So, today I decided to move it. But when I looked up how to transplant a rosebush, the article said, “Wait until very early spring, before it has any growth, just after the ground has thawed.”
So, I might have to wait again, another season before I dig up that poor thing. But I can assure you, I won’t forget about it again.

Now, God doesn’t build a fence around us and forget us–we’re the likely ones to do the forgetting. But He might build a barrier around us to protect us. He might put a hand on us to keep us still while we recover. He might put us in situations where all we can do is wait–wait on the gardener to be pruned back, to be nurtured, to rest. He could bring you to a place where you have no where else to turn because He wants to meet you there.  It might be a hard spot, one we can’t see a way out of, but He’s there, waiting for us to turn to Him and ask Him for help, waiting for us to rely on Him solely. Waiting for us to turn our lives over to Him so He can take the lead. Waiting for us. Loving us.

Timing is everything.

Jesus said: “I am the vine; you are the branches. Whoever abides in me and I in him, he bears much fruit. For apart fromm me, you can do nothing. (John15:5)

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Wonderfully Made by author Danika Cooley

9781781916780Most of you know I’m a homeschooling parent. Being such, I’ve read a lot of books over the years. I’ve read several age-appropriate books on conception with my children over the years. I have to say this is one of my favorites. It reinforces what a gift from God our kids are. I wish all children knew that deep sense of love the Father has for them and that they would carry it with them through their whole lives. If you have young people in your lives, please order this book. You can find it HERE on Amazon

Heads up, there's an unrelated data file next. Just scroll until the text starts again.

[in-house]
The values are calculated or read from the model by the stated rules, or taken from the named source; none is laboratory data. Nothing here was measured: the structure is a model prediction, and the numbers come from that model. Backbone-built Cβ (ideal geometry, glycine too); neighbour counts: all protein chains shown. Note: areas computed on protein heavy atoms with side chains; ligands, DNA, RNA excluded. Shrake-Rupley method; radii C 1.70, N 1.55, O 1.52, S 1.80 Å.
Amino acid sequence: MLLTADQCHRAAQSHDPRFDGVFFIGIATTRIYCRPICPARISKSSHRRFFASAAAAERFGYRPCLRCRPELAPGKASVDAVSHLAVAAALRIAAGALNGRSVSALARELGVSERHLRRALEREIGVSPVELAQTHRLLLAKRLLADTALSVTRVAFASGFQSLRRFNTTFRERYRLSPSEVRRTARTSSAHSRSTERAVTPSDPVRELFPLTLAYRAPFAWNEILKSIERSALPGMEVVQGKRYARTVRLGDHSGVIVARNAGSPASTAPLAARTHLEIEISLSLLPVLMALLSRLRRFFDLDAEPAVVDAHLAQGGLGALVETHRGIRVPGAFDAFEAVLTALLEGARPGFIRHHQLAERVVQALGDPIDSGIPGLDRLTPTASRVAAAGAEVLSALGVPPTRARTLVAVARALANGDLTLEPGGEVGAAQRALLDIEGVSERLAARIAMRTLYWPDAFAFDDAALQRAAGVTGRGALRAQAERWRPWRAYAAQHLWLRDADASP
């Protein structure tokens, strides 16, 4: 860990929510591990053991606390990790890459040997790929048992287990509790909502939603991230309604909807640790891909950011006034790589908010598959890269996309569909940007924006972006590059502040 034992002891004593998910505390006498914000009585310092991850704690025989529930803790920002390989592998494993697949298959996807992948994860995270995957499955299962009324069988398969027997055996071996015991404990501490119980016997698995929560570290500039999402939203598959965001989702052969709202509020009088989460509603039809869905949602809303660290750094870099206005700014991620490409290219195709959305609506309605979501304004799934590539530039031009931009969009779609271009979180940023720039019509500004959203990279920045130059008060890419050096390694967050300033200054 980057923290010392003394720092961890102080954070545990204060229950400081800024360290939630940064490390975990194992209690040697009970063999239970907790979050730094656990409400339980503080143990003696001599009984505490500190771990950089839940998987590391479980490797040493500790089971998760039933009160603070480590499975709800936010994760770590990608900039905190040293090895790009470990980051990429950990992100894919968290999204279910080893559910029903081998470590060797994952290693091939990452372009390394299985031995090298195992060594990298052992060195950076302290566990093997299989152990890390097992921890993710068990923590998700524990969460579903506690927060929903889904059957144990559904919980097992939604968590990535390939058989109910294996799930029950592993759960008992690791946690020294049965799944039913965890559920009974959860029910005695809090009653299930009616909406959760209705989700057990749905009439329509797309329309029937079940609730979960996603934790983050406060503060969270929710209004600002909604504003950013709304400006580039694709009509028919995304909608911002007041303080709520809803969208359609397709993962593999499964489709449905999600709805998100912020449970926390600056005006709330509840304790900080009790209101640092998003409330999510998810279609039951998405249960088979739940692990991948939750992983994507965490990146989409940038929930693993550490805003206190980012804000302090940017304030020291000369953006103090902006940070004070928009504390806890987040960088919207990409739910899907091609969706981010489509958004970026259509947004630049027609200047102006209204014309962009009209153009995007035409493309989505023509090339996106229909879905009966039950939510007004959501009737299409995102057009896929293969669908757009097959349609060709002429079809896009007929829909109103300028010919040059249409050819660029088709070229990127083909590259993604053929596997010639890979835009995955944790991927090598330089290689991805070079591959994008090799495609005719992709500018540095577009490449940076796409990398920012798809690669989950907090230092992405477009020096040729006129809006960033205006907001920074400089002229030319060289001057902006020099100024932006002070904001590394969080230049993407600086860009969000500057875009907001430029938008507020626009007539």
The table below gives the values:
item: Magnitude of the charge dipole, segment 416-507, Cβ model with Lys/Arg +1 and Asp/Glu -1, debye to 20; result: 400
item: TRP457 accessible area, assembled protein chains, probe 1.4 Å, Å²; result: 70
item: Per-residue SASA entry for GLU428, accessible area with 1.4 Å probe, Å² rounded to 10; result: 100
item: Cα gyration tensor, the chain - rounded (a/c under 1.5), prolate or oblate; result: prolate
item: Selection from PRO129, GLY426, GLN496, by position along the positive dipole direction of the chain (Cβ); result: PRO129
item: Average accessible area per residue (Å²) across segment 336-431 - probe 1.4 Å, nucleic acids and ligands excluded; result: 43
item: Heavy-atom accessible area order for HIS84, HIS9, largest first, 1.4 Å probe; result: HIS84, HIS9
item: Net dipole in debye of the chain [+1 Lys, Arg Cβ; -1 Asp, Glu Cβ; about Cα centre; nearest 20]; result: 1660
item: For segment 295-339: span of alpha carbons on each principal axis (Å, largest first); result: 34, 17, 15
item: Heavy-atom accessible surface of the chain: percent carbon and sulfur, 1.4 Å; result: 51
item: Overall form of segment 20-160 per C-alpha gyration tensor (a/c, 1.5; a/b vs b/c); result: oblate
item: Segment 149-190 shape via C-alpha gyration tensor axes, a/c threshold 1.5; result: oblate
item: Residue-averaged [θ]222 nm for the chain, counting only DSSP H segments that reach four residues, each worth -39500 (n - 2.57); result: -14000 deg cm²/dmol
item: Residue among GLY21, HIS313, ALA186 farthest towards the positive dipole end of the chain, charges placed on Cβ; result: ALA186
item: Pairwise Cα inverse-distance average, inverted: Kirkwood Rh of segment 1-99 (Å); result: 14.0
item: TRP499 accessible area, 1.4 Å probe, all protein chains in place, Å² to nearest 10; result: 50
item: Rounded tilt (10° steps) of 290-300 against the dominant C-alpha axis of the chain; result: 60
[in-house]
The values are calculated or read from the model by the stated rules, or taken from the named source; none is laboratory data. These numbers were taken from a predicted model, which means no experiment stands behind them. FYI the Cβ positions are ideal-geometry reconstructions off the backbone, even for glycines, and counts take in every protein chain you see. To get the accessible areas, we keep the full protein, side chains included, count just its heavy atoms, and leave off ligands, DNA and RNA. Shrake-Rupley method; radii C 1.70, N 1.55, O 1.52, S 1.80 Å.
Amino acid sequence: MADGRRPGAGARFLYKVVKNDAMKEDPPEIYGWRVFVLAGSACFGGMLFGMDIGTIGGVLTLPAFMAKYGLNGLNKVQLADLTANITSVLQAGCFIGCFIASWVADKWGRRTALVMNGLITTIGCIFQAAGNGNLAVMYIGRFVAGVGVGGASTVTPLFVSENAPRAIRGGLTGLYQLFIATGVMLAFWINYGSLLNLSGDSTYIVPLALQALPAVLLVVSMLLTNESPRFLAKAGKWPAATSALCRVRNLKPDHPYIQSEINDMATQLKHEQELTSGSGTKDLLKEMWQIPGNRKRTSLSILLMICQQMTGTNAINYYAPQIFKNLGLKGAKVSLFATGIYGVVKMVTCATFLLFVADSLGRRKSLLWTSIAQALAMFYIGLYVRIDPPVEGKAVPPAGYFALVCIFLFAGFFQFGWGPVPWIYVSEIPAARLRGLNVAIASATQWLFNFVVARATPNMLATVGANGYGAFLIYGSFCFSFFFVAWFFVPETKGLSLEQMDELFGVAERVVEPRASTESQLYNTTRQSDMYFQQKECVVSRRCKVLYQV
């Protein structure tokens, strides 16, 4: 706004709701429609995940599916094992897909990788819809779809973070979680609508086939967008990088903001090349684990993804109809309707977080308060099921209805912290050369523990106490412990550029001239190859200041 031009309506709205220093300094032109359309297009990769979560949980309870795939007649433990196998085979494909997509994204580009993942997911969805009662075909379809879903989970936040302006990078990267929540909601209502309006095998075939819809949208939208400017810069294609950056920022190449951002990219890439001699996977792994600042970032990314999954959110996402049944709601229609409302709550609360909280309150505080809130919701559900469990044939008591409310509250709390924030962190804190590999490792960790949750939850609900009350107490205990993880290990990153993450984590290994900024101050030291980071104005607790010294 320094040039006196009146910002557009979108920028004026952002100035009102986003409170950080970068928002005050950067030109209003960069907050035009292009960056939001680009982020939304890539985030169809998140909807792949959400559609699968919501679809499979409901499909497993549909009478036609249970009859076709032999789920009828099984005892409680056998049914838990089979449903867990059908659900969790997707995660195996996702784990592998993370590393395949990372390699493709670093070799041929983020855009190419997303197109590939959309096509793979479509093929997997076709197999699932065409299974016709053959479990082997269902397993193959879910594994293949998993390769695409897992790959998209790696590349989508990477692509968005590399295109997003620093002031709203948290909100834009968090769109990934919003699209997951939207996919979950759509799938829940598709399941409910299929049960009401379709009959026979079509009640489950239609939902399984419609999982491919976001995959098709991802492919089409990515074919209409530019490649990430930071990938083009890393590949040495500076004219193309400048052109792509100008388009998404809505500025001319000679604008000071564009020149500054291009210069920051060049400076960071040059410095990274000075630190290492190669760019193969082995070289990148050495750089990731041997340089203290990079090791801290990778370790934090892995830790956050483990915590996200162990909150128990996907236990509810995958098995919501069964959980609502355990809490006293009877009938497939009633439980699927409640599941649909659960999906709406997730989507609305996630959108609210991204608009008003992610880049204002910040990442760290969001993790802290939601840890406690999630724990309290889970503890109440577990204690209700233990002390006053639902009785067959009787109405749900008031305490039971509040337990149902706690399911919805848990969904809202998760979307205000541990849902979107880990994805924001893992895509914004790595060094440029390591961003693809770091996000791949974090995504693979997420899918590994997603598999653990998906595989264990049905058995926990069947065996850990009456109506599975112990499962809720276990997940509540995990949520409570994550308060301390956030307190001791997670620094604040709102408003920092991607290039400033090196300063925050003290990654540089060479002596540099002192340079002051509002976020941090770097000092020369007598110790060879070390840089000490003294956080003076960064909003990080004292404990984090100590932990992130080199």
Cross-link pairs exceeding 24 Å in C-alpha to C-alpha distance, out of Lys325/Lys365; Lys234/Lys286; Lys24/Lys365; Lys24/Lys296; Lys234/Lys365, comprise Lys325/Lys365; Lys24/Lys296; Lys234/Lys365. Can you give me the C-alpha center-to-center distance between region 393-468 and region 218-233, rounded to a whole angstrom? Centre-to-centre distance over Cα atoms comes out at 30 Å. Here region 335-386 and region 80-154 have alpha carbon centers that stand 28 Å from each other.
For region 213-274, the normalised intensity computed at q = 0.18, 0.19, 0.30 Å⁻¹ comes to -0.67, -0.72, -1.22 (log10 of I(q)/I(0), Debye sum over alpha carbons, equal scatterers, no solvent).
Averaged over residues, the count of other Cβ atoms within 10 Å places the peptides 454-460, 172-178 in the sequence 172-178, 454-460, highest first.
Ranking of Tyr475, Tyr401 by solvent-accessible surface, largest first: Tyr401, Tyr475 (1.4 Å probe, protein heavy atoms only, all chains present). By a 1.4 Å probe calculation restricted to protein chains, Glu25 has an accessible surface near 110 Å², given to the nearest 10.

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1. What inspired you to write Wonderfully Made?
One of my kids’ favorite stories has always been the story of how God formed each of them in the womb, how they’re special and loved, and how anticipated their births were. They loved hearing about the day of their birth. I wanted moms in other families to be able to share that story with their children using science, Scripture, and beautiful illustrations.
2. What was your main goal in writing Wonderfully Made? 
I want children to understand that they’re individually and purposefully created by a loving God, and that there is a second birth into the Kingdom of Heaven available to them. Each child is unique and special, and each is loved dearly not only by their parents, but also by their Father in Heaven.
I also want a new generation of children to grow up understanding the marvelous truth of what happens in the womb, and when it happens. I want them to know what Scripture says about life in the womb–both the creation of life and the existence of life.Both of those goals were heavy on my heart while writing Wonderfully Made, and I’m overjoyed to see the book available to families around the world.
3. Which part of researching Wonderfully Made was the most personally interesting to you?
Did you know that a baby’s heart starts beating at four weeks? That’s actually two weeks after conception. By eight weeks, six weeks after conception, all of the organs–other than the lungs–are working! And babies dream in the womb three months before they’re born. How amazing is that? Learning about the development of babies in the womb was so much fun for me. I also loved going through the Scripture that talks about life in the womb.
4. What are you reading right now? What authors (living or dead) have influenced you most?
Right now, I’m reading Everyday Grace by Jessica Thompson, Pitchin’ A Fit by Israel and Brook Wayne, Pilgrim’s Progress by John Bunyan, Church History in Plain Language by Bruce L. Shelley, Systematic Theology by Wayne Grudem, and the Gospels. Reading is definitely one of my favorite parts of my work–I read about a book a week for reviews, books with my boys, and bigger works on the side.
5. What was the book that most influenced your life — and why?
I was definitely a bookworm growing up, and I read everything I could get my hands on–some good, some not-so-good. This may sound cliche, but the book that has most influenced my life has been (and continues to be) the Bible. I’ve read it through many times, studied it, and it’s changed me. Isaiah 55:11 tells us that God’s Word never returns void, that it accomplishes what He purposed it for. It has certainly changed me.
I also love reading biographies about Christians that have gone before us. I find it so encouraging to see how God has worked in and through their lives. I also find it really interesting to read their writings–it helps me get outside of my 21st century American bias when I’m thinking through issues with Christian living and theology.